Saint Petersburg Branch of the Russian Humanist Society
We're Already 10

On 17 March the St. Petersburg branch of RGO was 10 years old: our founding meeting was held on that day in 1999. It was preceded by the events described in the essay, "The Twilight of Reason" (Zdravy Smysl [Common Sense] N? N? 11 and 12, 1999, http://humanism.su/en/articles.phtml?num=000012 .

One might consider that the remarkable St. Petersburg writer M. M. Chulaki gave us our start. He was an author, at that time was looking for like-minded people, who first heard of the existence of the Russian Humanist Society and its journal Zdravy Smysl, and received advice to write a letter to the RGO Chairman, V. A. Kuvakin. A lively correspondence began, first through regular mail, then via e-mail (now it contains almost 1000 letters), which allowed the direction of our work to be decided based on our abilities, capabilities, inclinations, and likings. We selected as the main types of activity those envisioned in the RGO Charter then in effect (amended in 2005) "opposition to and criticism of various forms of fanaticism, mysticism, traditional and non-traditional forms of religious world views, superstitions, and other unscientific and antiscientific ideas and practices". In other words, we decided to concentrate as RGO members on preventing frauds of all types from enjoying the undeserved erudition and credibility, alas, of many Russians, and lastly - to prevent the loss of the inclination and ability to think critically. This, that is science educational work, we thought, was the main mission of skeptical humanists of Russia in the present day.

Inasmuch as initially not everyone clearly pictured what the work of an RGO member might specifically be, a brief list of possible things was drawn up:

- humanist self-education by reading literature published by the RGO (at a minimum, the journal Zdravy Smysl) and, when possible, its websites;
- familiarization with what friends, acquaintances, coworkers, and others have read;
- campaigning for mail subscriptions to the journal;
- replies to letters from citizens interested in the work of the RGO;
- lectures of an educational nature;
- publications in the press;
- the initiation of humanist TV and radio programs;
- participation in events organized by the RGO.

We understood that much free time, which few working people have, is required for active participation in the realization of a number of points of the list and therefore we did not, nor we, do not reproach those who limit themselves to the first three points, for we think that sooner or later this minimum will bear its fruit. But we have had and still have genuine activists through whose efforts the work of a majority of the other points is accomplished. Some members of the Branch have showed their worth as authors of talented books and articles. These were the aforementioned M. M. Chulaki, mathematician P. A. Trevogin, theologian V. N. Nikitin, physicist Ye. B. Aleksandrov, biologist and historian of science M. B. Konashev, mathematician B. A. Kulik, philosopher B. Ya. Pukshansky, biologist and theologian M. M. Bogoslovsky, and artist A. A. Yaroslavtsev. (We bow our heads in memory of the first three who have already departed this life).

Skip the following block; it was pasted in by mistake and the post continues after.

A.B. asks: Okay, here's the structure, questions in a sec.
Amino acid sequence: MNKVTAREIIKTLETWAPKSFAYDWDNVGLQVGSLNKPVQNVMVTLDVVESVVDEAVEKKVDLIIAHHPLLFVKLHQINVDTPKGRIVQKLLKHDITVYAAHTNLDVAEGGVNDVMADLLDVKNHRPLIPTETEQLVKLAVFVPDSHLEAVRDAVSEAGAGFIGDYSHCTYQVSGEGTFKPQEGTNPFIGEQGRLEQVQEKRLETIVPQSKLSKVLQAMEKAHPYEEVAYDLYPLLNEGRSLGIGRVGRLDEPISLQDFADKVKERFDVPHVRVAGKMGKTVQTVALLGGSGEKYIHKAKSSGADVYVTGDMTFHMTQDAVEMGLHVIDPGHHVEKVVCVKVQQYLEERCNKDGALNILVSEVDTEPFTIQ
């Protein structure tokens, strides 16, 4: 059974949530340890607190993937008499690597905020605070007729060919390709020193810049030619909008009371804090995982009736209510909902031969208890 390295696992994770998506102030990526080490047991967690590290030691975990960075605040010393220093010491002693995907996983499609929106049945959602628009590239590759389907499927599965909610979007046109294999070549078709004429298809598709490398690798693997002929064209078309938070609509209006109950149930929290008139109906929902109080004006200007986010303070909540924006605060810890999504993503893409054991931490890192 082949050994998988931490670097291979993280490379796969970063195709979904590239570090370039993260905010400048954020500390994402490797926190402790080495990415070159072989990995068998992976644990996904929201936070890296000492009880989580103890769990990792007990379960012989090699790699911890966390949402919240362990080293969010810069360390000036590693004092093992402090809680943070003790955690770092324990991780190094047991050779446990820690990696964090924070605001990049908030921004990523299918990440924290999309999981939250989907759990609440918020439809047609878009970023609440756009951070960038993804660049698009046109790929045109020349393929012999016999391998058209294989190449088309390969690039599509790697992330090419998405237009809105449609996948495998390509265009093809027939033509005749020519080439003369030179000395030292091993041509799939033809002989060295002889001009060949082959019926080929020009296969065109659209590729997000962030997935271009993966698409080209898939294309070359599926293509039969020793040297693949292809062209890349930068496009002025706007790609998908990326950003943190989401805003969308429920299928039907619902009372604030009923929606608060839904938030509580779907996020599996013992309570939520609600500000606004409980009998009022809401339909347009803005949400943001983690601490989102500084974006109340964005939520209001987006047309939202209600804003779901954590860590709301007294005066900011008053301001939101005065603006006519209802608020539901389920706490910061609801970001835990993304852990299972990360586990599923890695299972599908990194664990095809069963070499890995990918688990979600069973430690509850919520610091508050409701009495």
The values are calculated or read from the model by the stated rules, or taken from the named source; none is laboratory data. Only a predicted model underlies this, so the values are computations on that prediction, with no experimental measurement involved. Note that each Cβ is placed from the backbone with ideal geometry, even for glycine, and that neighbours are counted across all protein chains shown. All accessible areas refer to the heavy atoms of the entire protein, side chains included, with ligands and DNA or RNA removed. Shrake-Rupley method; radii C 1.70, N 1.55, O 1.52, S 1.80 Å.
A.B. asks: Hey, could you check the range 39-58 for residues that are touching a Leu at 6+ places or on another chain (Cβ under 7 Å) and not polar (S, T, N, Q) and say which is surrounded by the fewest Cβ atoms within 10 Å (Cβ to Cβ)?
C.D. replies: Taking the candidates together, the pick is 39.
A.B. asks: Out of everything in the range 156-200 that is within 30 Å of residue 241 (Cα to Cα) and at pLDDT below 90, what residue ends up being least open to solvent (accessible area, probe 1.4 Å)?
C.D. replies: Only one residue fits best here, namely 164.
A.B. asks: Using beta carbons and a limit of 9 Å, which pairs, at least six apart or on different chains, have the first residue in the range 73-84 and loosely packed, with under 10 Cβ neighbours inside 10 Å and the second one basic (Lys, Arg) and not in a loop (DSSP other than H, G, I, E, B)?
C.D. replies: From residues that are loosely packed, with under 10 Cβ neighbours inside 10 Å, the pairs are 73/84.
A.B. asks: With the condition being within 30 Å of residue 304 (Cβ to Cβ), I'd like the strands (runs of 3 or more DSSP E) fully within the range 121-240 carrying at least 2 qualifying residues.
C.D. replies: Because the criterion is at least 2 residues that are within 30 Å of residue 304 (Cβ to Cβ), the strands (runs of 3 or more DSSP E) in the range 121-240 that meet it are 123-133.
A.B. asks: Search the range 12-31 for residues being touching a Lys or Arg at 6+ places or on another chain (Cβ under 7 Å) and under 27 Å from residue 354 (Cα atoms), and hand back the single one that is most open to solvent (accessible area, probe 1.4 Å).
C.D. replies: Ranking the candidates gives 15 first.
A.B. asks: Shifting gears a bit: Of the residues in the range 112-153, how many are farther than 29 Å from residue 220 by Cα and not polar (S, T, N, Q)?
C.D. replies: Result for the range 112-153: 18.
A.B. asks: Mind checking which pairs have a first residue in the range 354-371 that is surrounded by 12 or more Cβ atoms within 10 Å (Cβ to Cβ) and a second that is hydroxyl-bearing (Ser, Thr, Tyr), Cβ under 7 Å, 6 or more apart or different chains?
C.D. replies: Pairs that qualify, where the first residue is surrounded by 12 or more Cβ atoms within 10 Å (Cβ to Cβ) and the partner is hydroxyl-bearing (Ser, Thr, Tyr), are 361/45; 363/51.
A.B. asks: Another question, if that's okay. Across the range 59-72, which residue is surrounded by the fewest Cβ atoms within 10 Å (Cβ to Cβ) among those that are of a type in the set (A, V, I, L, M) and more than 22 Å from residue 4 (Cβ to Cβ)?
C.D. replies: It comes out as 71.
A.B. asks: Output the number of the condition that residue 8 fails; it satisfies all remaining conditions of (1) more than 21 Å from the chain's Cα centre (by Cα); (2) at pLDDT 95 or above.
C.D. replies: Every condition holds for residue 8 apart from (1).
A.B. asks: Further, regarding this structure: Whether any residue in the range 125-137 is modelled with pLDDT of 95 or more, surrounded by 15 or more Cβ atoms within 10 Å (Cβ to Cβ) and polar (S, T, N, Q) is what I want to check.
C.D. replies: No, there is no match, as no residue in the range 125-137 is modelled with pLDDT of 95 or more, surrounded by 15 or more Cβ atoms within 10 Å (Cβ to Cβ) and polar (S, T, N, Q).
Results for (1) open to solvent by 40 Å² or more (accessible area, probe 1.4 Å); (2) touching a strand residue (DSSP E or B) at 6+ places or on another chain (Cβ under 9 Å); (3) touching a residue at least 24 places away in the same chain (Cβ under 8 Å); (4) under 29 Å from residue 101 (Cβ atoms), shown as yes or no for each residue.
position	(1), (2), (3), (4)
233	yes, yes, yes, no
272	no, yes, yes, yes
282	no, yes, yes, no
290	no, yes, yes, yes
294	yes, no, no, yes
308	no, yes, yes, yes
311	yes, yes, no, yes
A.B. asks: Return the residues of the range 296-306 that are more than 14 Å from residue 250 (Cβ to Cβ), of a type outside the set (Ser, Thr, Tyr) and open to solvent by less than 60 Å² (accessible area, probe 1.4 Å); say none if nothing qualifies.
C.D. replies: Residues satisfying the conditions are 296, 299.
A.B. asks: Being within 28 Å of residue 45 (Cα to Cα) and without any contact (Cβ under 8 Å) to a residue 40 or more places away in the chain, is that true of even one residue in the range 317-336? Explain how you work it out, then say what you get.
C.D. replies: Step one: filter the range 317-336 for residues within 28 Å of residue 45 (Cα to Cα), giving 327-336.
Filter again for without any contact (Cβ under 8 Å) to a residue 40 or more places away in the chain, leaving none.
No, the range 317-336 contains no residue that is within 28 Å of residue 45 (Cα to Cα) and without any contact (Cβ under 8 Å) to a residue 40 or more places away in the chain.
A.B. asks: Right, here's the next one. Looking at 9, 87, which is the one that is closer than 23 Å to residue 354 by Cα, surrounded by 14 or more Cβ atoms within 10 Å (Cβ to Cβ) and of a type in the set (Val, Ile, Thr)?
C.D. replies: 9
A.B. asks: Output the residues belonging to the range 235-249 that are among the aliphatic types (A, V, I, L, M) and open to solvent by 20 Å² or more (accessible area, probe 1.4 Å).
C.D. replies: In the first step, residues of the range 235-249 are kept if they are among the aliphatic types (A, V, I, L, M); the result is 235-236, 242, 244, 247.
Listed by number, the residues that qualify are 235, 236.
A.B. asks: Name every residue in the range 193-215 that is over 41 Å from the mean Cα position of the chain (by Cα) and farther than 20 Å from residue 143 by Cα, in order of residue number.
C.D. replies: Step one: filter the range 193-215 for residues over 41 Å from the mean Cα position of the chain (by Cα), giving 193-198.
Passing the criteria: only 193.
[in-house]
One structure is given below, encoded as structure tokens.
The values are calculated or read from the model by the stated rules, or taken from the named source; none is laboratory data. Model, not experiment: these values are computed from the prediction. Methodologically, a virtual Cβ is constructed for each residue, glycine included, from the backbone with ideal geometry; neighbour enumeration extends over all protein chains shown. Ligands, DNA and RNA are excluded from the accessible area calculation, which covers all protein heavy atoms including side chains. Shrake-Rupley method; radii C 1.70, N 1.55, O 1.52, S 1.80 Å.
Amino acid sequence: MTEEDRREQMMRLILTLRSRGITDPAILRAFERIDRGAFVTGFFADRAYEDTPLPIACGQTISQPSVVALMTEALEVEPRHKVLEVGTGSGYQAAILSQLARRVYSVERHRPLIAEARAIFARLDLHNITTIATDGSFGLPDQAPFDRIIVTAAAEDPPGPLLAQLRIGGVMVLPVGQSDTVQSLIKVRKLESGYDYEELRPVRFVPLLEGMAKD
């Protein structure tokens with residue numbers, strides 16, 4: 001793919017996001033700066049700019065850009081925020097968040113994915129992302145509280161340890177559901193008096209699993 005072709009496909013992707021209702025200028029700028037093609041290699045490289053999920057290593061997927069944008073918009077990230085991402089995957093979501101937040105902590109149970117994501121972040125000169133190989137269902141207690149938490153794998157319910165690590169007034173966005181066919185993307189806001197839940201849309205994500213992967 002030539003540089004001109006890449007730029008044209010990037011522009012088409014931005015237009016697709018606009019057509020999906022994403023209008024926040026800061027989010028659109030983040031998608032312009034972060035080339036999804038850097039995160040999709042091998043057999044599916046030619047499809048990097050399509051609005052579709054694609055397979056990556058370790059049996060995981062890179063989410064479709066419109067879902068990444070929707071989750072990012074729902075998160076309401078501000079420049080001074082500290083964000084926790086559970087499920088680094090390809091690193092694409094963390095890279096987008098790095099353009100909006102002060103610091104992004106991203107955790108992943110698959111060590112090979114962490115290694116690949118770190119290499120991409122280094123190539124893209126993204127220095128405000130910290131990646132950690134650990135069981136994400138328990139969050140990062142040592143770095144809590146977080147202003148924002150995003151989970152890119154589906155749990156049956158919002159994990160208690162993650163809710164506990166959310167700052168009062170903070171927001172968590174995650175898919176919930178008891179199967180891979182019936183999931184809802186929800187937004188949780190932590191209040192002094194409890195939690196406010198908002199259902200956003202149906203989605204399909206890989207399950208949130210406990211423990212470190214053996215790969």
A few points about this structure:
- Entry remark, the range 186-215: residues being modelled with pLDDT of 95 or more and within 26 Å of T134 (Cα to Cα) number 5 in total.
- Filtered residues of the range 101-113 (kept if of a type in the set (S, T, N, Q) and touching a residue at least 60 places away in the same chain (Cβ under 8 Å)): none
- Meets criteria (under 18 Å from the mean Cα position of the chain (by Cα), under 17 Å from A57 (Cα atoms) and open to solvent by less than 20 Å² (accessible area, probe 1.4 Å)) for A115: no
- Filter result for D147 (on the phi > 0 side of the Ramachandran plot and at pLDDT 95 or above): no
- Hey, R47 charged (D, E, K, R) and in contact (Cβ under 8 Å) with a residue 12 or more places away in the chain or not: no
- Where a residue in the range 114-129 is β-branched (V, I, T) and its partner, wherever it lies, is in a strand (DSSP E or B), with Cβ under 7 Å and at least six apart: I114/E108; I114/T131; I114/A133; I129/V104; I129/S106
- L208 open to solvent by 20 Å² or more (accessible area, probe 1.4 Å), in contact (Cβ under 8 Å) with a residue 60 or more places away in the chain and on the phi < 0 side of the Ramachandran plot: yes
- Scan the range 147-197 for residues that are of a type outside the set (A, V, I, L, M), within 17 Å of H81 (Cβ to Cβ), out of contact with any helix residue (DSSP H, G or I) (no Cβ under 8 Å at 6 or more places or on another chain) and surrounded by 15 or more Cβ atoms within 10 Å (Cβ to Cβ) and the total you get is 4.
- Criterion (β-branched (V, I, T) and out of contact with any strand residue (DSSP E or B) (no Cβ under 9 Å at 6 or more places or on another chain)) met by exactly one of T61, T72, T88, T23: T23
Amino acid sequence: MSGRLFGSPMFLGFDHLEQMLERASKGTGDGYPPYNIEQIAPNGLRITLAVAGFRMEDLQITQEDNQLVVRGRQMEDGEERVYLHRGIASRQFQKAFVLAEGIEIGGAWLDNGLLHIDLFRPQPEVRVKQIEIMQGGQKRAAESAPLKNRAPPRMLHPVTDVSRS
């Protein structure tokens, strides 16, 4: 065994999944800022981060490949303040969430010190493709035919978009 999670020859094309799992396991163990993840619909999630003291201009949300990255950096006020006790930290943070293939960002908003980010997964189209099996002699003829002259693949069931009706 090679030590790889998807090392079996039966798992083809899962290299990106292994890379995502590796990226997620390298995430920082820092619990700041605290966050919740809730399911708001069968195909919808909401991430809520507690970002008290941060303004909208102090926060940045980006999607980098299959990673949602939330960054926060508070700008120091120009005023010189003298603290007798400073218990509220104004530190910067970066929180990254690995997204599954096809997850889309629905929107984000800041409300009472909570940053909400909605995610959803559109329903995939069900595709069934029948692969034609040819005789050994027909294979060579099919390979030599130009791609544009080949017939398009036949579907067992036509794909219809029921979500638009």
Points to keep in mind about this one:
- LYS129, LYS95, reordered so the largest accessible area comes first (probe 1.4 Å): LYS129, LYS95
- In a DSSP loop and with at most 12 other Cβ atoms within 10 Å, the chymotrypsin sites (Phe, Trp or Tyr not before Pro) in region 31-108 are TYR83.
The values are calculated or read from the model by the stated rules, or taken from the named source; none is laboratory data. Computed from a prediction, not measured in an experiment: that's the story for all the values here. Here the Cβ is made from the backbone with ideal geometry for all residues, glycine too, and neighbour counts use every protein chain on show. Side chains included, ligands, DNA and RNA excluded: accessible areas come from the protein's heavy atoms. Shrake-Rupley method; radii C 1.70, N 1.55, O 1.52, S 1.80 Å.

Some members of the Branch, being instructors at city higher educational institutions, spread the ideas of secular humanism in their lectures in the course "Concepts of Contemporary Natural Science". The most active here are the aforementioned M. M. Bogoslovsky (he also has written the educational books "The Human Soul" and "People and Gods") and head of the Philosophy Department of the Mining Institute, B. Ya. Pukshansky, who though of how to use popular science films (alas, mainly foreign) from a rich video library that he collected to increase the effectiveness of lectures.

We consider the organization of a series of educational programs on Peterburg Radio in 1999-2001 as our significant achievement. Many themes were covered in the programs which were broadcast: from astrology to other magical predictions, superstitions, UFOlogy and telepathy to the evolution of nature, folk medicine and quackery, the hypocrisy of the church and the religiosity of scientists. P. A. Trevogin worked more than others in this field. Later he wrote a book "Academic Mantles and Fool's Caps", sharply castigating the aspirations of astrology and astrologers to the title of science and scientists.

The Branch actively participated in the International Conference, "Science and Humanism, Planetary Values of the Third Millennium", held in St. Petersburg in 2000. An entire "landing party" of Petersburgers spoke in the sections of the International Symposium "Science, Antiscience, and Paranormal Beliefs" (in Moscow in 2001).

We then switched to holding monthly publicly accessible meetings of the Branch where the current issues of our work are discussed and we hear and discuss educational lectures of both Branch members and scientists specially invited from outside. The meetings are held in auditoriums in various institutions of the city which we manage to get for this purpose: higher educational institutions, scientific research institutes, and libraries. The second year of the meetings was held in the prestigious building of the Russian National Library. They were conducted by Professor B. Ya. Pukshansky, who was Chairman of the St. Petersburg Branch of the RGO. Here also, as a rule, video materials which he offered are used.

We invite as lecturers both natural scientists and humanitarian materialists. Despite the great workload of scientific and pedagogical work physicist and academician of the Russian Academy of Sciences Ye. B. Aleksandrov, Chief of the Department of Celestial Mechanics of St. Petersburg State University K. V. Kolshevnikov, Theologian and Professor of the Hertzen Russian State Pedagogical University [RGPU] N. S. Gordienko, philosopher A. S. Karmin, and others eagerly come to us.